Statuette of ancient Pharoah's sister which went missing in looting during riots protesting overthrow on ex-president Morsi found in three pieces
By Richard Spencer, Cairo
A priceless statuette of the sister of the Pharaoh Tutanhkhamun which went missing during mass looting of a museum in central Egypt in the summer has been found, the antiquities ministry said on Sunday.
The statuette had been broken into three pieces, said Monica Hanna, an archaeologist who has led a campaign to protect Egypt's historical sites. However, the breaks appeared to be along the lines of previous restoration work and it seemed likely it could be put back together, she said.
The statuette was the highlight of the museum in the city of Mallawi, near the archaeological remains of the new capital established by Tutankhamun's father Akhenaten in the 14th Century BC.
Egyptian police and Unesco put out an alert through Interpol and to international museums and dealers after the museum was smashed and looted during Islamist riots protesting the overthrow of the Muslim Brotherhood president, Mohammed Morsi, in August.
More than 1,000 items went missing, but some experts believed that the protests were used as cover by professional thieves of Pharaonic exhibits to target the statuette, a small limestone figure of the princess holding an offering.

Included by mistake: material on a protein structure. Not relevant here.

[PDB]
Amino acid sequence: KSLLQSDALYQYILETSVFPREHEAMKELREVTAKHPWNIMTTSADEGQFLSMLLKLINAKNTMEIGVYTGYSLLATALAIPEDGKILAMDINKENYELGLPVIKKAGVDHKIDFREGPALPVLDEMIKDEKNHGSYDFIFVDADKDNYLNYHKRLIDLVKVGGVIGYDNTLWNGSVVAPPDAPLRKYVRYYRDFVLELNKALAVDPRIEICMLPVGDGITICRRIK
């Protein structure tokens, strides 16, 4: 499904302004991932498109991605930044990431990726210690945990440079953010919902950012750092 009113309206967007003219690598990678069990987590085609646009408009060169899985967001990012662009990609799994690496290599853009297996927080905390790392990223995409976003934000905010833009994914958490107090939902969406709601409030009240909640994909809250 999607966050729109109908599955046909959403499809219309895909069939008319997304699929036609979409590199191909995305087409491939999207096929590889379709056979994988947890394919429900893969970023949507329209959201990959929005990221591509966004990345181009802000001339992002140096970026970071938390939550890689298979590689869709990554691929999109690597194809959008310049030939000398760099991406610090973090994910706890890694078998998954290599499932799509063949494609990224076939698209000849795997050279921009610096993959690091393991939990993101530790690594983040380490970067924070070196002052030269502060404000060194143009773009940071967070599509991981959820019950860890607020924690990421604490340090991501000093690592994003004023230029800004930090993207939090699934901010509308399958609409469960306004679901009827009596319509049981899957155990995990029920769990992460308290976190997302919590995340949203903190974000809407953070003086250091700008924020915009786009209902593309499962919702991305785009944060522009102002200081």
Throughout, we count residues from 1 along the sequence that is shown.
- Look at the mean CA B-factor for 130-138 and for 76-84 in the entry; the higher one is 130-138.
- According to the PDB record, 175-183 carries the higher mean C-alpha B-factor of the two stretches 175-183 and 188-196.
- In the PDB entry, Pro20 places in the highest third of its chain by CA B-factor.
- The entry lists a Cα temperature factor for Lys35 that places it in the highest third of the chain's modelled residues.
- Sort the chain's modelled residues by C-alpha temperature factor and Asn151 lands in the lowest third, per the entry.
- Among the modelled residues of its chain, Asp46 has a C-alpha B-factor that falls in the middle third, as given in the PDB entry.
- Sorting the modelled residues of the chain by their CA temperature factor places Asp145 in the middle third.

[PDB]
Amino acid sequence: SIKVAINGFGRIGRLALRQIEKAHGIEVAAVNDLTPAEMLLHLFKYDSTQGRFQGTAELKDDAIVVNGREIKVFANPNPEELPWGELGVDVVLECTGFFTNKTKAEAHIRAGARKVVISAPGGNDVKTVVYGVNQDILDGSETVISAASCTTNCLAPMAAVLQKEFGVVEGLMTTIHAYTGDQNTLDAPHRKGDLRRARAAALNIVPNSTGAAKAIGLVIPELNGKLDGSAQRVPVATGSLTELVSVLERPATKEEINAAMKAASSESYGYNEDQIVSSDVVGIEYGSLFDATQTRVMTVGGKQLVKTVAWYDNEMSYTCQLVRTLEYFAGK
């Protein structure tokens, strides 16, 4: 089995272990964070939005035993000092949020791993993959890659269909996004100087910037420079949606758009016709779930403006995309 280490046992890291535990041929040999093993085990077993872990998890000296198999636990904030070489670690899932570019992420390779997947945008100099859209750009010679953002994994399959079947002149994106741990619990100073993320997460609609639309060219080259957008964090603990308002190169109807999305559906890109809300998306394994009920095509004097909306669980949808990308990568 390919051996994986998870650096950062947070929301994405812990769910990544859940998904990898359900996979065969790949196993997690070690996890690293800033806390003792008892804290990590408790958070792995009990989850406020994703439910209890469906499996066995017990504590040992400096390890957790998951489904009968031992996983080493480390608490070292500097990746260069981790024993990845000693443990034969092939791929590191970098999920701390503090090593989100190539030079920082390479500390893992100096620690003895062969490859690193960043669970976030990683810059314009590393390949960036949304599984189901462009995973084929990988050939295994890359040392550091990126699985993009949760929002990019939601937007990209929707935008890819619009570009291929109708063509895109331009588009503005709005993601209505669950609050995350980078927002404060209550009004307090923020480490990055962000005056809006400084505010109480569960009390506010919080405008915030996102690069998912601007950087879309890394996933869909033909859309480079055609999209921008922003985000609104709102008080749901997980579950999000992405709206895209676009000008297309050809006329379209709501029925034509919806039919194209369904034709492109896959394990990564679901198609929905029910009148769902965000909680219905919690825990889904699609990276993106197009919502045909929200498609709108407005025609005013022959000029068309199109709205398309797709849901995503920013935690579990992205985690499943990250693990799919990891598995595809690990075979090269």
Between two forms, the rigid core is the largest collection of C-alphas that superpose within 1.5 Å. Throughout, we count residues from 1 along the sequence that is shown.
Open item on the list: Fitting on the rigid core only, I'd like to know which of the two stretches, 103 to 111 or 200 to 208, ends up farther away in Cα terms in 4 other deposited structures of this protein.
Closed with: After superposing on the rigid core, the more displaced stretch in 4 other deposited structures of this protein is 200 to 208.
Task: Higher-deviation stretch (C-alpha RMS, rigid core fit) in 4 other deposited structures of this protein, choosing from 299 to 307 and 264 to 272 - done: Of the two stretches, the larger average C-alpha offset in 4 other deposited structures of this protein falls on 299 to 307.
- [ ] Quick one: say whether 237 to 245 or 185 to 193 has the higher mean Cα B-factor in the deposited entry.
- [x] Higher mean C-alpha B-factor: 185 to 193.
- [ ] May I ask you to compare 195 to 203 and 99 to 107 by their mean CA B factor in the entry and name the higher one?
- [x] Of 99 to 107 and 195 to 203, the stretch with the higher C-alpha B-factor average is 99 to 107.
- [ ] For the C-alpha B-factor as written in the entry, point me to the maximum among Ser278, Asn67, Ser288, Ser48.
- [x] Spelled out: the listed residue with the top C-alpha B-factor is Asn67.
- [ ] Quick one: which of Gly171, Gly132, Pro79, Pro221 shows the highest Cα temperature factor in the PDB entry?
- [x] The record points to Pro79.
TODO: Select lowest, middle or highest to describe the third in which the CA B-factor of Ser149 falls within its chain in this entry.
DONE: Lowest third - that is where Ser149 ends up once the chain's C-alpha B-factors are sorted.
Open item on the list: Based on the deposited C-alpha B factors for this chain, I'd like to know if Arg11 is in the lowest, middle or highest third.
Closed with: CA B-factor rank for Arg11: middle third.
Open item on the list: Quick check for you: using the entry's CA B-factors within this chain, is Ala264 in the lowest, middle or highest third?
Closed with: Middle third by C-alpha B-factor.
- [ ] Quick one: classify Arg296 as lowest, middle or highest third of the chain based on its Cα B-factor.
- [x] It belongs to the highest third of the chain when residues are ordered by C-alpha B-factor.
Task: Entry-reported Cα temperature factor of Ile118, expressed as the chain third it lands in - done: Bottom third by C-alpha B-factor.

A statement by the ministry gave few details of how the statuette came to be recovered, saying that police had been "guided" to its hiding place in Cairo by a group of "accused". However, it said that of the more than 1,000 exhibits originally stolen, 800 had now been recovered or returned.
In an interview with The Telegraph last month, the police officer leading the investigation, Col Abdulsamie Farghali, said that some of the objects retrieved had been found through "negotiations" with powerful local families.
A number of clans of antiquities smugglers are known to operate in the area, and have long-established connections to the international black market in such objects. Because of their distinctive style, and connection to Tutankhamen, relics of the era of Akhenaten fetch the highest prices.
Miss Hanna said: "I'm very glad that they finally found it."